Albany’s charter students (85 percent poor, 96 percent black or Latino) are outperforming students in district-run schools (68 percent poor, 80 percent black or Latino), reports the Albany Times Union. But those poor, little, high-performing charter kids are racially isolated, the Times Union charges in a front-page story. There aren’t enough white students in their classes.
That’s because the Brighter Choice Foundation, which runs all of Albany’s charters, opened schools in the neediest neighborhoods, writes Jason Brooks of Foundation for Education Reform and Accountability.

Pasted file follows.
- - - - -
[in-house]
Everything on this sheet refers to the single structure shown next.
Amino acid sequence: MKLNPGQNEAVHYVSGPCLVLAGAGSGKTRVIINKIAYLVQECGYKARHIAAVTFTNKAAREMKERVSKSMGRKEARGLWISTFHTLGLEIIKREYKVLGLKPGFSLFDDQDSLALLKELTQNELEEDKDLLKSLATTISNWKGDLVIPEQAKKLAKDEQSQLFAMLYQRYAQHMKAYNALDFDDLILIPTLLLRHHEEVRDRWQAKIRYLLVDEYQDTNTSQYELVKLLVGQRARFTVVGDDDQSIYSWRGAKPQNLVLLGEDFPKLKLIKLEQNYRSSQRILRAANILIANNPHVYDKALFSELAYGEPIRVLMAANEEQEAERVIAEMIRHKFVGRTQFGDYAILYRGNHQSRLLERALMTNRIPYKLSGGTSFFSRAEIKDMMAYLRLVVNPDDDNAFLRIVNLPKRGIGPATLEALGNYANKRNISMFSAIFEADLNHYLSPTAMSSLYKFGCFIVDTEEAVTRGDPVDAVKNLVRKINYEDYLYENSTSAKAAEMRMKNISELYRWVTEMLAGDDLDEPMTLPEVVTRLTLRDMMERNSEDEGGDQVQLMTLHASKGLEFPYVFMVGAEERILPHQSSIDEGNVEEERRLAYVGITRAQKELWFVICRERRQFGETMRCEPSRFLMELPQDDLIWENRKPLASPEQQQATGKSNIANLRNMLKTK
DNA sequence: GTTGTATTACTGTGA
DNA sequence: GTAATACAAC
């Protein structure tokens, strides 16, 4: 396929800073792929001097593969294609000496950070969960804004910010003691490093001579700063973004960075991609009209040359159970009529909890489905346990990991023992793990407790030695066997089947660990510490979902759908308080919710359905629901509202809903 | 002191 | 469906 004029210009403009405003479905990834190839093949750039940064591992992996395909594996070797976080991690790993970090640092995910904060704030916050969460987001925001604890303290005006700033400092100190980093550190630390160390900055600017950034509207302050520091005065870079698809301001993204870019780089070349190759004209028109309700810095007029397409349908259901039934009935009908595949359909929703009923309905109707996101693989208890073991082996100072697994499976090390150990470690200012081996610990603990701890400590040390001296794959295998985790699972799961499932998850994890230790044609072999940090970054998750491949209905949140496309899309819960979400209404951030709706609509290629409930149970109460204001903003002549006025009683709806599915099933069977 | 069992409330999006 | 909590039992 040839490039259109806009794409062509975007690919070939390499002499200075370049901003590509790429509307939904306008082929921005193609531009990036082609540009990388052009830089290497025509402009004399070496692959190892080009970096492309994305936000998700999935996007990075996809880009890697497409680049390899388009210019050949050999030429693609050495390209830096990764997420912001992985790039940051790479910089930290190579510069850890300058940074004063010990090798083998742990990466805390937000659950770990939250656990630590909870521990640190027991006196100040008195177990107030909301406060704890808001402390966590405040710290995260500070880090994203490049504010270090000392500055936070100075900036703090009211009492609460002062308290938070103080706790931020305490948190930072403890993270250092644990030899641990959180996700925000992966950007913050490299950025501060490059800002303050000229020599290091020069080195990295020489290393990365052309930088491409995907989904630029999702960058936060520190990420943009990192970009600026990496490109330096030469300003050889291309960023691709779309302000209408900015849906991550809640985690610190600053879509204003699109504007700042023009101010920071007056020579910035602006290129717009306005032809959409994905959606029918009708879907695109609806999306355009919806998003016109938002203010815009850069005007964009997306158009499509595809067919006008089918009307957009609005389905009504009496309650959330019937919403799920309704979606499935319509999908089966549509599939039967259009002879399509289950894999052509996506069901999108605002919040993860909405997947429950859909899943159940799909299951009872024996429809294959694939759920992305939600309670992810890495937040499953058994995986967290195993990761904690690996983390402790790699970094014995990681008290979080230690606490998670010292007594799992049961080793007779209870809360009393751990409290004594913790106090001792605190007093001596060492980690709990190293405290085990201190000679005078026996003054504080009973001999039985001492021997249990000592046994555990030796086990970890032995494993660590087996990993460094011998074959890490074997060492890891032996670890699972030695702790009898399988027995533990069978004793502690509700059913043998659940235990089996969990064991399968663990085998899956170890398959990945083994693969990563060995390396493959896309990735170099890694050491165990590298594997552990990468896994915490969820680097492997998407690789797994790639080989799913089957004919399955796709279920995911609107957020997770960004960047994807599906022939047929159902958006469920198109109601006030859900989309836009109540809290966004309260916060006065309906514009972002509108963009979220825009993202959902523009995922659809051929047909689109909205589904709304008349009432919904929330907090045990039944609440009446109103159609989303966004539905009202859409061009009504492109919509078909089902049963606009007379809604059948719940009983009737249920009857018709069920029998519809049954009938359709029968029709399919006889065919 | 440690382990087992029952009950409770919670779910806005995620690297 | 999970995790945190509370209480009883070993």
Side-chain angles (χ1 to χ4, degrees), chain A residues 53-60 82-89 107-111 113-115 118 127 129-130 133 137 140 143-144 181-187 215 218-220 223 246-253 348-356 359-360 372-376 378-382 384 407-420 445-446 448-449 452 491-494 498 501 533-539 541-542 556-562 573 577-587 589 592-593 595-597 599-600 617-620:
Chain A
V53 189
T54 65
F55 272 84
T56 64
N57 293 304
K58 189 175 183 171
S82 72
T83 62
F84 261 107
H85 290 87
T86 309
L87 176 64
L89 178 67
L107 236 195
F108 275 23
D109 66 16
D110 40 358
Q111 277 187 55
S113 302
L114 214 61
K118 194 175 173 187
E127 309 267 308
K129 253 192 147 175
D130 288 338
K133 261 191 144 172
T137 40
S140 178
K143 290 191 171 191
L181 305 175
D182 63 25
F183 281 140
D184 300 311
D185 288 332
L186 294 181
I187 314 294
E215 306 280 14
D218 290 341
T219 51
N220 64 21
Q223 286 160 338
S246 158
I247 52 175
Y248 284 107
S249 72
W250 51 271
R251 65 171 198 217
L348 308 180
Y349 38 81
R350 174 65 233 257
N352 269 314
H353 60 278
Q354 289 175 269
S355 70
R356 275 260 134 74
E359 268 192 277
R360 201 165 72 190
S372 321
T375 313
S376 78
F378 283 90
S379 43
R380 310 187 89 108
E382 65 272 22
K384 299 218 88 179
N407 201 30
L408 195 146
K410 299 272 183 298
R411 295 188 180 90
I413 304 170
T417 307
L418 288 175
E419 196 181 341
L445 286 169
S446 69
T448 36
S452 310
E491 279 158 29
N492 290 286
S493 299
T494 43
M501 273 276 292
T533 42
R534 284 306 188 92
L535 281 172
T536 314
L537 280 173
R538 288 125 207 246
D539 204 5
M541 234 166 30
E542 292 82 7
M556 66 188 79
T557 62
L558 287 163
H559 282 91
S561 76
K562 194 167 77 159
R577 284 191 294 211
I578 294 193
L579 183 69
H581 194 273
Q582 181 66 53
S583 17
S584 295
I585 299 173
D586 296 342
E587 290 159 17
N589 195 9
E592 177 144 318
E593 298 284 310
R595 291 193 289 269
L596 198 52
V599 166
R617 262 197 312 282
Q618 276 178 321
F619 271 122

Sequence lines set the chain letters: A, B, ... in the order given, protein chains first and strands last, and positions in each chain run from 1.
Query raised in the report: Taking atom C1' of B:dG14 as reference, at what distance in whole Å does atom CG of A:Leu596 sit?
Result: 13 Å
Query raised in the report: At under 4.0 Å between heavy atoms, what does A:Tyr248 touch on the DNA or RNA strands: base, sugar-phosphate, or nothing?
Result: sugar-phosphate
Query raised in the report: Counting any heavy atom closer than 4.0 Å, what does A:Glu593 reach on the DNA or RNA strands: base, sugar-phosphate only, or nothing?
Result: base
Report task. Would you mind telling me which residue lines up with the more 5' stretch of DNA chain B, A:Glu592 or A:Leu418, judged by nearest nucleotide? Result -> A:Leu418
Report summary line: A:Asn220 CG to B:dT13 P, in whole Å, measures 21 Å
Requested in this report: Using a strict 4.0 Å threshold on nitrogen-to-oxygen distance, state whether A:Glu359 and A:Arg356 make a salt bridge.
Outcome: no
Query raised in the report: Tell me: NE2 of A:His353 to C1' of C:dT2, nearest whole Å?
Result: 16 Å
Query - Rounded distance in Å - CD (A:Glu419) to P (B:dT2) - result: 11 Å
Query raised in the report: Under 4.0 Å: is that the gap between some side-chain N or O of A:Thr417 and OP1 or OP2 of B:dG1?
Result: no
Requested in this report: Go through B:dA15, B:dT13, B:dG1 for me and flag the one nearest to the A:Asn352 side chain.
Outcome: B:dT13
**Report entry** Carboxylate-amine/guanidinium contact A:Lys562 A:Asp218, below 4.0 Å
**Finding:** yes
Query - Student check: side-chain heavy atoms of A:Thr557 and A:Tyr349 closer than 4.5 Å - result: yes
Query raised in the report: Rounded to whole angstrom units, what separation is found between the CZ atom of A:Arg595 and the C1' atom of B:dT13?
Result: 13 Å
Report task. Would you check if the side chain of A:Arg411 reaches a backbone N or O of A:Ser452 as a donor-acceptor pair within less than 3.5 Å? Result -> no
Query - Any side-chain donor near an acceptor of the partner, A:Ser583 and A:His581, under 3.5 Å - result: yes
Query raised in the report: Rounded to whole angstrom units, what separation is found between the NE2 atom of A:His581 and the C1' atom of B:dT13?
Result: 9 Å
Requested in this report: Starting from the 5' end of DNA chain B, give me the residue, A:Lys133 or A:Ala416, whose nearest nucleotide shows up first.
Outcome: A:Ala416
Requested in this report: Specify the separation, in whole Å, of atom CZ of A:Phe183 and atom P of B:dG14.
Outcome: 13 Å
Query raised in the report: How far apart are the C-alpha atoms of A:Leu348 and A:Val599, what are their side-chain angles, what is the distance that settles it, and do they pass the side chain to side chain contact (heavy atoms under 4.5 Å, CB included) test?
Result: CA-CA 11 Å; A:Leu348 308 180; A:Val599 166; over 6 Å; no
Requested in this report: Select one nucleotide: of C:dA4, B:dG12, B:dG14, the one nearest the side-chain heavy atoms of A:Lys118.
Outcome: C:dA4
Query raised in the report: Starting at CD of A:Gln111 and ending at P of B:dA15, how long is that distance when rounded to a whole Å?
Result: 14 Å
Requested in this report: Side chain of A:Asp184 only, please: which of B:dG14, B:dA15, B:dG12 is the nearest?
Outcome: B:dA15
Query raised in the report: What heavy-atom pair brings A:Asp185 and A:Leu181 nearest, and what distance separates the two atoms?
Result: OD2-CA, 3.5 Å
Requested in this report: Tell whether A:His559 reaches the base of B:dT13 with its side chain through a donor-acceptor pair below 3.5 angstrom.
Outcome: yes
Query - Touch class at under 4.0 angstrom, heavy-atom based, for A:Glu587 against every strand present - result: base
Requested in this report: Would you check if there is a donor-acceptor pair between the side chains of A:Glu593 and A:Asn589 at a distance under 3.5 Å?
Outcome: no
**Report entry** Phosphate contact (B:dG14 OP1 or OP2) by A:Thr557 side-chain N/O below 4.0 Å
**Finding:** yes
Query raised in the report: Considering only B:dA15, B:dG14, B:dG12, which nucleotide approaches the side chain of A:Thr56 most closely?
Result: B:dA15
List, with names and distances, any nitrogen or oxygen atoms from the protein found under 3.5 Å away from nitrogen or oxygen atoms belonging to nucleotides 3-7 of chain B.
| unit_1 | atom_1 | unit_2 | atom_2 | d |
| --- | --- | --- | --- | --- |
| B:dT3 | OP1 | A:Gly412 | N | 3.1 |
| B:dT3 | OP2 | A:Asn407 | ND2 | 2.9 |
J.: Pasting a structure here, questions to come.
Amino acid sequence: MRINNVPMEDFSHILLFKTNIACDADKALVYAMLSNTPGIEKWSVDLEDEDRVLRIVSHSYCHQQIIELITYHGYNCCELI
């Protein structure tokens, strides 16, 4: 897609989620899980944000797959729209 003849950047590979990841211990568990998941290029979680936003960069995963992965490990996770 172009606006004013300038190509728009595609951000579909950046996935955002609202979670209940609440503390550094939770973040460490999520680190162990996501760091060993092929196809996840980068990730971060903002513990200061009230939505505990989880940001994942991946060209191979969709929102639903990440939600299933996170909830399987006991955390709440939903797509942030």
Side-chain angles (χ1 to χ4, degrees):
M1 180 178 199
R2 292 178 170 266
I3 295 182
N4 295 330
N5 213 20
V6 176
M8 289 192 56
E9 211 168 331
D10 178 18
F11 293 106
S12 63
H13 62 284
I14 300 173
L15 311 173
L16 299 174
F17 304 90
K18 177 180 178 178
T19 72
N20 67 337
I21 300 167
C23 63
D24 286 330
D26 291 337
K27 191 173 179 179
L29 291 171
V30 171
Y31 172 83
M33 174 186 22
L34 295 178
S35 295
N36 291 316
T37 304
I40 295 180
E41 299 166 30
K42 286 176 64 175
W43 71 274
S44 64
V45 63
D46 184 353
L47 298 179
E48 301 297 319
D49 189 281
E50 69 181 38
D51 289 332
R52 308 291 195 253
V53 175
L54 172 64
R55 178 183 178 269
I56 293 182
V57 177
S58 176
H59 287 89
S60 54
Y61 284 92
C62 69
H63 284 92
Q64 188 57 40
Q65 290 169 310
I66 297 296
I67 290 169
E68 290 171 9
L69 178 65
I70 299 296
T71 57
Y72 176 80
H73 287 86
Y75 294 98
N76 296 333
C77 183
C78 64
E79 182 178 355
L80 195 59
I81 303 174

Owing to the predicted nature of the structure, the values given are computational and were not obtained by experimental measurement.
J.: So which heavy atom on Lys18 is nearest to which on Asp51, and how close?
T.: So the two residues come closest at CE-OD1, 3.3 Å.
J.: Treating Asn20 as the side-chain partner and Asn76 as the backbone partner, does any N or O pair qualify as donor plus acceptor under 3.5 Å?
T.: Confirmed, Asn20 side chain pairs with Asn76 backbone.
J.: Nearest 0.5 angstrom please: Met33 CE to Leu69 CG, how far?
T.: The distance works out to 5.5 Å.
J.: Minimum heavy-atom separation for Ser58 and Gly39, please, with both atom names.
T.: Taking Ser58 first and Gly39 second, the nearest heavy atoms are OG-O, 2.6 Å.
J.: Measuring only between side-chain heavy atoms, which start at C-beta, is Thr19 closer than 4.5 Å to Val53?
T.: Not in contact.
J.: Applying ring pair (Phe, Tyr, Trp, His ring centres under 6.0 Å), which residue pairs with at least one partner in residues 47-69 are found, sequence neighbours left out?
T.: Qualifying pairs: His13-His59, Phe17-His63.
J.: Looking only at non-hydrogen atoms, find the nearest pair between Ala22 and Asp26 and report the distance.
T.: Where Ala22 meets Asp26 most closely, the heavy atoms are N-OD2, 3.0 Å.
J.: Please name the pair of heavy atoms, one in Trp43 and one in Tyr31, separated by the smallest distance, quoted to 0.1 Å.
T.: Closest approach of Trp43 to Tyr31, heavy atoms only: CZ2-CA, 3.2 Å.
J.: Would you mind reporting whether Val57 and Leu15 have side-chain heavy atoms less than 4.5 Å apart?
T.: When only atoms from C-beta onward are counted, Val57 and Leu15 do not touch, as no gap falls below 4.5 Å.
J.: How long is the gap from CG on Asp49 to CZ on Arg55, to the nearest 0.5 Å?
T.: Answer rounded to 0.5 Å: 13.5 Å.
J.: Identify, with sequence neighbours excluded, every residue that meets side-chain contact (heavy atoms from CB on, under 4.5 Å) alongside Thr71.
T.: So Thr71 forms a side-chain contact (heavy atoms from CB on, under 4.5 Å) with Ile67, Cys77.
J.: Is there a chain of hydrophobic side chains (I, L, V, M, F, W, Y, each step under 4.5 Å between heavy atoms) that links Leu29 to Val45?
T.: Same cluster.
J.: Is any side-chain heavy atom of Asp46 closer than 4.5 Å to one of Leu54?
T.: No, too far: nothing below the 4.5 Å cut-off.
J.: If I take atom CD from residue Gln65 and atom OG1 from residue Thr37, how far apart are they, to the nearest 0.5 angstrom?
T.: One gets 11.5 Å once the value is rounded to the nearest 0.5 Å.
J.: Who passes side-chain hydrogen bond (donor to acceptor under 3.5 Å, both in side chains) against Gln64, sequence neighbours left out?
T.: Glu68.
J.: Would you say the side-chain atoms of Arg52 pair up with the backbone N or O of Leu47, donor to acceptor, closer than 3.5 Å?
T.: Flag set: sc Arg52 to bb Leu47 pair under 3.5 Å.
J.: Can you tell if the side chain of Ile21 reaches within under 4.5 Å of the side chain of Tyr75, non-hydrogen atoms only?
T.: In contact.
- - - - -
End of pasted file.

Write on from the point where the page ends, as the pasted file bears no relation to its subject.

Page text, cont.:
After nearly a decade accusing Brighter Choice schools of “creaming” the best students, it takes chutzpah to accuse the schools of segregation, writes Peter Meyer, who wrote an Ed Next story on Brighter Choice’s success.
It doesn't matter if their complaints are valid or even honest. All that matters to them is getting rid of charter schools. Since charters are public schools, what is it these types of people object to? Is it simply that these schools are often not beholden to teachers unions, and can do things that actually help kids instead of just adults?